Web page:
Mavericks' late surge evens series
MIAMI - Dirk Nowitzki and the Dallas Mavericks put a stunning end to their misery in Miami. Now they can win their first NBA title without ever coming back to South Florida.
MIAMI - Dirk Nowitzki and the Dallas Mavericks put a stunning end to their misery in Miami.
Now they can win their first NBA title without ever coming back to South Florida.
Nowitzki made the tiebreaking layup with 3.6 seconds left, and the Mavericks roared back from 15 points down in the fourth quarter to stun the Heat last night, 95-93, and tie the NBA Finals at one game apiece.
Capping a furious rally by scoring Dallas' final nine points, Nowitzki made two late baskets lefthanded - despite a torn tendon on that non-shooting hand. He finished with 24 points.
Dwyane Wade had 36 points for Miami, but his desperation three-pointer from 28 feet was off at the buzzer.
"I thought defensively we really got into them," Nowitzki said of the rally. "We pressured them fullcourt and we scrambled defensively. We even gave up some offensive rebounds, but we kept scrambling."
Game 3 is Sunday in Dallas.
Seemingly out of the game when the Heat led 88-73 with 7:15 remaining, Dallas held the Heat to just one field goal from there, a three-pointer by Mario Chalmers with 24.5 seconds that tied it just 2 seconds after Nowitzki's three had made it 93-90.
But after a timeout, Jason Kidd ran the clock down before getting the ball to Nowitzki, who drove into the lane, spun back to the left and made the layup.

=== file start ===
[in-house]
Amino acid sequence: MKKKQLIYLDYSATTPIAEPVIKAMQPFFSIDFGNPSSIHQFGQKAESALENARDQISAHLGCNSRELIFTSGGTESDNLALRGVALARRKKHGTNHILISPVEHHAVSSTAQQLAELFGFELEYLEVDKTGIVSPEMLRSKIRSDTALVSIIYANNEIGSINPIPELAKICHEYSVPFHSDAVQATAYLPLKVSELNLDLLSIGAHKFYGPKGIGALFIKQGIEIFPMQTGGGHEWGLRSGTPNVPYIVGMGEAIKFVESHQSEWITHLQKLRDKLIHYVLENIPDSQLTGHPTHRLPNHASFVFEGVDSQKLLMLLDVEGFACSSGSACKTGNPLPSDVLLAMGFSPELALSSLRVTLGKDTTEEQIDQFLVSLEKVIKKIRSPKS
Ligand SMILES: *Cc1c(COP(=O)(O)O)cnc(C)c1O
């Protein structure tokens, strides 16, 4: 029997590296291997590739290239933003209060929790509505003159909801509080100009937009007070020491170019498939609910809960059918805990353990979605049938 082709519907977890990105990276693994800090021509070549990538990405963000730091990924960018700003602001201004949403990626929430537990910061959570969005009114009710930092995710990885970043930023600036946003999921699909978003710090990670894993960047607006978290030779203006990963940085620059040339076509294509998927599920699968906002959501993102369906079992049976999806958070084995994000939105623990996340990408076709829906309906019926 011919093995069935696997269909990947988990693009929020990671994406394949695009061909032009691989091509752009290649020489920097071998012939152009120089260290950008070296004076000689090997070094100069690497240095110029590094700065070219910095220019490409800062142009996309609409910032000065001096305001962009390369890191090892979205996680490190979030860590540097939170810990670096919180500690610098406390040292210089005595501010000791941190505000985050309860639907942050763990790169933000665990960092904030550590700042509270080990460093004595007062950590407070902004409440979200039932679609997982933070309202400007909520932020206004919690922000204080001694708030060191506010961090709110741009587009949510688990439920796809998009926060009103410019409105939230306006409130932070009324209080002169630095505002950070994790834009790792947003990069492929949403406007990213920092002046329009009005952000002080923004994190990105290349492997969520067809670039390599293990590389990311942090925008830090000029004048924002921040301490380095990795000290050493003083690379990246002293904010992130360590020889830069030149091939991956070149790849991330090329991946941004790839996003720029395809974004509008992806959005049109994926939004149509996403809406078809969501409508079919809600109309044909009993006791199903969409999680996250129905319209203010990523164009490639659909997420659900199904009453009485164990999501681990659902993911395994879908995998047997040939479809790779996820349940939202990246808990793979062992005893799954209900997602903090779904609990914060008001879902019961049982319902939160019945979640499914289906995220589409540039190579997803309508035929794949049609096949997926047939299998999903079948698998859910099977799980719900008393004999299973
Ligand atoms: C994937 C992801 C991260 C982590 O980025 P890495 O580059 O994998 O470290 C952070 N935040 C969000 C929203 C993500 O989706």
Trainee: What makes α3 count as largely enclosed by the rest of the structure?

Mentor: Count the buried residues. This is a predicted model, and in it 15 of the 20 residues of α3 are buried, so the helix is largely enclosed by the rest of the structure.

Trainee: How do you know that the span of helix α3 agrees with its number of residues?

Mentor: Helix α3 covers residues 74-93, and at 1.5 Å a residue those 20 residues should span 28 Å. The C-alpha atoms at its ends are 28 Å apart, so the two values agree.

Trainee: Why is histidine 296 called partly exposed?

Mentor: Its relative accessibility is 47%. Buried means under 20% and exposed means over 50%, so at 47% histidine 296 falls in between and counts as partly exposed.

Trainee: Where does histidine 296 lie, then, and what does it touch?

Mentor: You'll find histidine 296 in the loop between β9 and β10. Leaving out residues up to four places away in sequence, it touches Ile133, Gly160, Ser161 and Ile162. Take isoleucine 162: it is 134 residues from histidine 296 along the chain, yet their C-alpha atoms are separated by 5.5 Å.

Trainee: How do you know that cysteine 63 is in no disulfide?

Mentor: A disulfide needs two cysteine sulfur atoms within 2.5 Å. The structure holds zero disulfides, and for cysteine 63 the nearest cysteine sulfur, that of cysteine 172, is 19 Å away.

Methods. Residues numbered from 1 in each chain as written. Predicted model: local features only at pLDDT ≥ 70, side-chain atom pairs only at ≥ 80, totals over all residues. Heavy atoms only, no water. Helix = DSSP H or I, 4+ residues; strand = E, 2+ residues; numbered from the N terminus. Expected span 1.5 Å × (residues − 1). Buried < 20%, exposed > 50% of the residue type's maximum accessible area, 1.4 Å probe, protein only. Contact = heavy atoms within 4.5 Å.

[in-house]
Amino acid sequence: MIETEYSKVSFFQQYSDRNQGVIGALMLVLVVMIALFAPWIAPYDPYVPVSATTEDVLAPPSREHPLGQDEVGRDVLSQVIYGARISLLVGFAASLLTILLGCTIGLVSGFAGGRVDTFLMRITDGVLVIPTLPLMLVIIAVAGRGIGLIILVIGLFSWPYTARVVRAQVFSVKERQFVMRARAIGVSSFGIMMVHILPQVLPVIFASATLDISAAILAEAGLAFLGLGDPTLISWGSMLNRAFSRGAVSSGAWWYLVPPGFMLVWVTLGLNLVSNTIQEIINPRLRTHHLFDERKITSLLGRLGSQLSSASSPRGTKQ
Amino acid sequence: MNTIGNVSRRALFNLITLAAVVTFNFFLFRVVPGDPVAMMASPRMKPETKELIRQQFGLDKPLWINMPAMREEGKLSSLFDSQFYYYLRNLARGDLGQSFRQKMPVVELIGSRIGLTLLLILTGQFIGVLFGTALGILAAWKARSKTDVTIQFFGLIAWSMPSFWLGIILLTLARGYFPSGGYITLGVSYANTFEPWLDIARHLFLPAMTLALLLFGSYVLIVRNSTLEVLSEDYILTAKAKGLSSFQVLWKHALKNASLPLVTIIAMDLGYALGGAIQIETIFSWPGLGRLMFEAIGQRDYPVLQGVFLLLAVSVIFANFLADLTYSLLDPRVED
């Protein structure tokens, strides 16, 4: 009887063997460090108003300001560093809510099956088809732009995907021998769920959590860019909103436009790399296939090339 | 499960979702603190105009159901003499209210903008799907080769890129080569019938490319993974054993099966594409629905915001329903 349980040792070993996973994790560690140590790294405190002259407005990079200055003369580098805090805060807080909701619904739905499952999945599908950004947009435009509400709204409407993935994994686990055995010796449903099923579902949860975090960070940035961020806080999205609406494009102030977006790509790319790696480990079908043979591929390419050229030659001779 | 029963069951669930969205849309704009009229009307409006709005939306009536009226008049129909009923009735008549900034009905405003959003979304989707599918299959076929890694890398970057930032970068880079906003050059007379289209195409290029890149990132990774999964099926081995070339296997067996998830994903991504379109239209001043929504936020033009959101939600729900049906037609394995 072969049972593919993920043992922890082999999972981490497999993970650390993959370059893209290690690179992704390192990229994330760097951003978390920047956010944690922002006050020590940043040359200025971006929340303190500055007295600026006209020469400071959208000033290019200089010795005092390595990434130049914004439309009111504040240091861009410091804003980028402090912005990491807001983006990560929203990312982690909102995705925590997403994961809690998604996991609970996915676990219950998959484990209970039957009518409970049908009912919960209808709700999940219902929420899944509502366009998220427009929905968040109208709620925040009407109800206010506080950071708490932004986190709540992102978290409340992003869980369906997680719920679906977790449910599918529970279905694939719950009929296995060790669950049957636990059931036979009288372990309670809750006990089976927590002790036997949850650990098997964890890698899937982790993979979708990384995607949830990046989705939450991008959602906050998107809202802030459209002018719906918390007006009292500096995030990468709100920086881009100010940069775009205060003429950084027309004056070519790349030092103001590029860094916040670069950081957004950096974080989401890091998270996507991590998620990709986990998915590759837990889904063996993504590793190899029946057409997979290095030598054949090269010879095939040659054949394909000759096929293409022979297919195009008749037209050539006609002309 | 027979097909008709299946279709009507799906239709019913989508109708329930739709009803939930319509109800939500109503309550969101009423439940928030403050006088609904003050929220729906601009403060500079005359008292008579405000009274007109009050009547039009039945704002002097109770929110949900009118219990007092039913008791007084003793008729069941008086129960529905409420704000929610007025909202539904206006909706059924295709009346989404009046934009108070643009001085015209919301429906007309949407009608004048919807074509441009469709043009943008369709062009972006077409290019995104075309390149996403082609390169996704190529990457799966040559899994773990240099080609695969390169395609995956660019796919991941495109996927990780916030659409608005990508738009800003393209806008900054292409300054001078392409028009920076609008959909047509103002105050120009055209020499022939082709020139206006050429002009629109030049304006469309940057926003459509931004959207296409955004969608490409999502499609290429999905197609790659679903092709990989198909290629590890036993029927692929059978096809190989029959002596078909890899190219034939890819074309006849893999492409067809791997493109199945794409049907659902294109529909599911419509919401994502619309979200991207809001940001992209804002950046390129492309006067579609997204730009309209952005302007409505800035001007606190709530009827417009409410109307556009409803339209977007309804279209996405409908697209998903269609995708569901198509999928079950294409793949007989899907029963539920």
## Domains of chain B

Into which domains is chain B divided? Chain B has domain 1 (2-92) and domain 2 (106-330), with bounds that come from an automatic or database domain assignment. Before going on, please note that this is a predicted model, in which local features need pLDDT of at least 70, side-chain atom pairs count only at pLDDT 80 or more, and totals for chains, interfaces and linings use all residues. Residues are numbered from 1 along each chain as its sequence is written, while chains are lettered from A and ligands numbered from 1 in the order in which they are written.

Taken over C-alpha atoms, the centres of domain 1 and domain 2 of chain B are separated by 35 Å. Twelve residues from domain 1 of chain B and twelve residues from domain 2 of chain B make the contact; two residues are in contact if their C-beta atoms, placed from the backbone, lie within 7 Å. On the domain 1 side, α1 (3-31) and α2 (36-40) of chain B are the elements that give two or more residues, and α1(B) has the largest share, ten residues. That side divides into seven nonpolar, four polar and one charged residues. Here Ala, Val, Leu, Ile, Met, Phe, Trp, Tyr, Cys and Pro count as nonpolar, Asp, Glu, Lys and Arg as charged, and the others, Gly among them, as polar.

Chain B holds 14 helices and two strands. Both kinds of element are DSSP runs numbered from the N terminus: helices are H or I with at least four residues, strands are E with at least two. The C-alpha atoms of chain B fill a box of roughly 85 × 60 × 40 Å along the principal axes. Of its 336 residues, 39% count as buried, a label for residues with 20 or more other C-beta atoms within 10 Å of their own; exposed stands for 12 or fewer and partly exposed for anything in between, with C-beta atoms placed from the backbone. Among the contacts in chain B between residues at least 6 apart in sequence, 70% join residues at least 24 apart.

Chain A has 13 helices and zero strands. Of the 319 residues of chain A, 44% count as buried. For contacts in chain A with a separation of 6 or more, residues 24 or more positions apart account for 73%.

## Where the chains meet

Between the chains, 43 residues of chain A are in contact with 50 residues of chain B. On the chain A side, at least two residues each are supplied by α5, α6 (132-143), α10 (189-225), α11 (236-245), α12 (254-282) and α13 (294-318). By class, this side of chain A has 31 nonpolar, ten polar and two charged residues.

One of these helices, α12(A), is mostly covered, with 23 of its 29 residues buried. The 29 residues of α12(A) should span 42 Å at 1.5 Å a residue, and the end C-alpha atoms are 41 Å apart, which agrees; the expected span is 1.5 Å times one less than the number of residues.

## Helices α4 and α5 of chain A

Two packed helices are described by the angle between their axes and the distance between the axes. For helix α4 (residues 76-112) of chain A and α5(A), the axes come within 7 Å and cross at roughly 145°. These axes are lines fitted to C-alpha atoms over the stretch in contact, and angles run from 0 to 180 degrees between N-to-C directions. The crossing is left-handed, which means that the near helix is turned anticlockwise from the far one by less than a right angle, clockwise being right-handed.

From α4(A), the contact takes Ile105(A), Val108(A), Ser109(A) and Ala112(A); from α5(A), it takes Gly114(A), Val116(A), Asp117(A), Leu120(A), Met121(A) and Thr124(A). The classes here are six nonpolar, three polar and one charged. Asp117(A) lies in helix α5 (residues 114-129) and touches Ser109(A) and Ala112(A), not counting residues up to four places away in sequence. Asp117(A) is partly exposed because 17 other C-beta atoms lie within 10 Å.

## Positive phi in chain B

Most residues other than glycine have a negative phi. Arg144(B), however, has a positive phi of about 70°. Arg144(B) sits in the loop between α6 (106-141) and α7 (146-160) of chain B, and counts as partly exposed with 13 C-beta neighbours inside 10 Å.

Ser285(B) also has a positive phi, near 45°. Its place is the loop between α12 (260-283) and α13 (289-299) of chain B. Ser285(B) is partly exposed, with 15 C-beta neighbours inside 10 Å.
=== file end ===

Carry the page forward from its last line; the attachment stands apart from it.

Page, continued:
"No question about it," Heat coach Erik Spoelstra said. "That's about as tough a fourth quarter as you can have. When it started to slide, it kept on going.
"We will bounce back.''
Jason Terry, largely silent since the first half of Game 1, fueled the comeback with a couple of jumpers and finished with 16 points. Shawn Marion had 20 points for the Mavericks, who had lost four straight Finals games in Miami since taking a 2-0 lead in the 2006 series.
They were about to go down 2-0 this time before Nowitzki, who insisted his injured finger wouldn't hinder him, led a rally even more amazing than the one that won Game 4 of the Western Conference finals, when the Mavs trailed Oklahoma City by 15 in the fourth quarter before pulling it out in overtime.
"We were just trying to stay solid," Mavericks coach Rick Carlisle said. "Look, James and Wade, they're two of the best facilitators - ever . . . They missed a couple shots and it allowed us to keep our momentum going."
LeBron James scored 20 points for the Heat. He and Wade were running by and over the older Mavs for three quarters, and it appeared the only thing that could slow them down was that big trophy they would soon be holding.
Not so fast.
Wade angered the Mavs, particularly Terry, when he held his follow-through after his three-pointer from the corner with 7:15 left capped a 13-0 run and made it 88-73.
The Heat suddenly went cold, holding the ball too long on possessions and forcing James and Wade to attempt long jumpers with the shot clock winding down, instead of playing to their strengths and driving into the lane. A series of those missed jumpers eventually ended with the Mavs getting possession, and Nowitzki making a layup that tied it at 90 with 57 seconds to play.
The Heat lost for the first time in 10 games at home in the playoffs and will have to win at least once in Dallas to force the series back to Florida.
"Just have to stay with it," said Miami's Chris Bosh, who had 12 points. "Don't get too high. Don't get too low. Just stay with the plan. We're faced with a challenge now. We have to win on the road. We've done it before. We shouldn't be surprised that's our situation."
Shaquille O'Neal, the center on Miami's 2006 championship team who announced his retirement on a Twitter video on Wednesday, was a teammate of both Wade and James during his NBA career. Yesterday he posted another video encouraging the duo to "go get that ring."
The Heat played a video tribute showing some of O'Neal's highlights in Miami during a first-quarter timeout.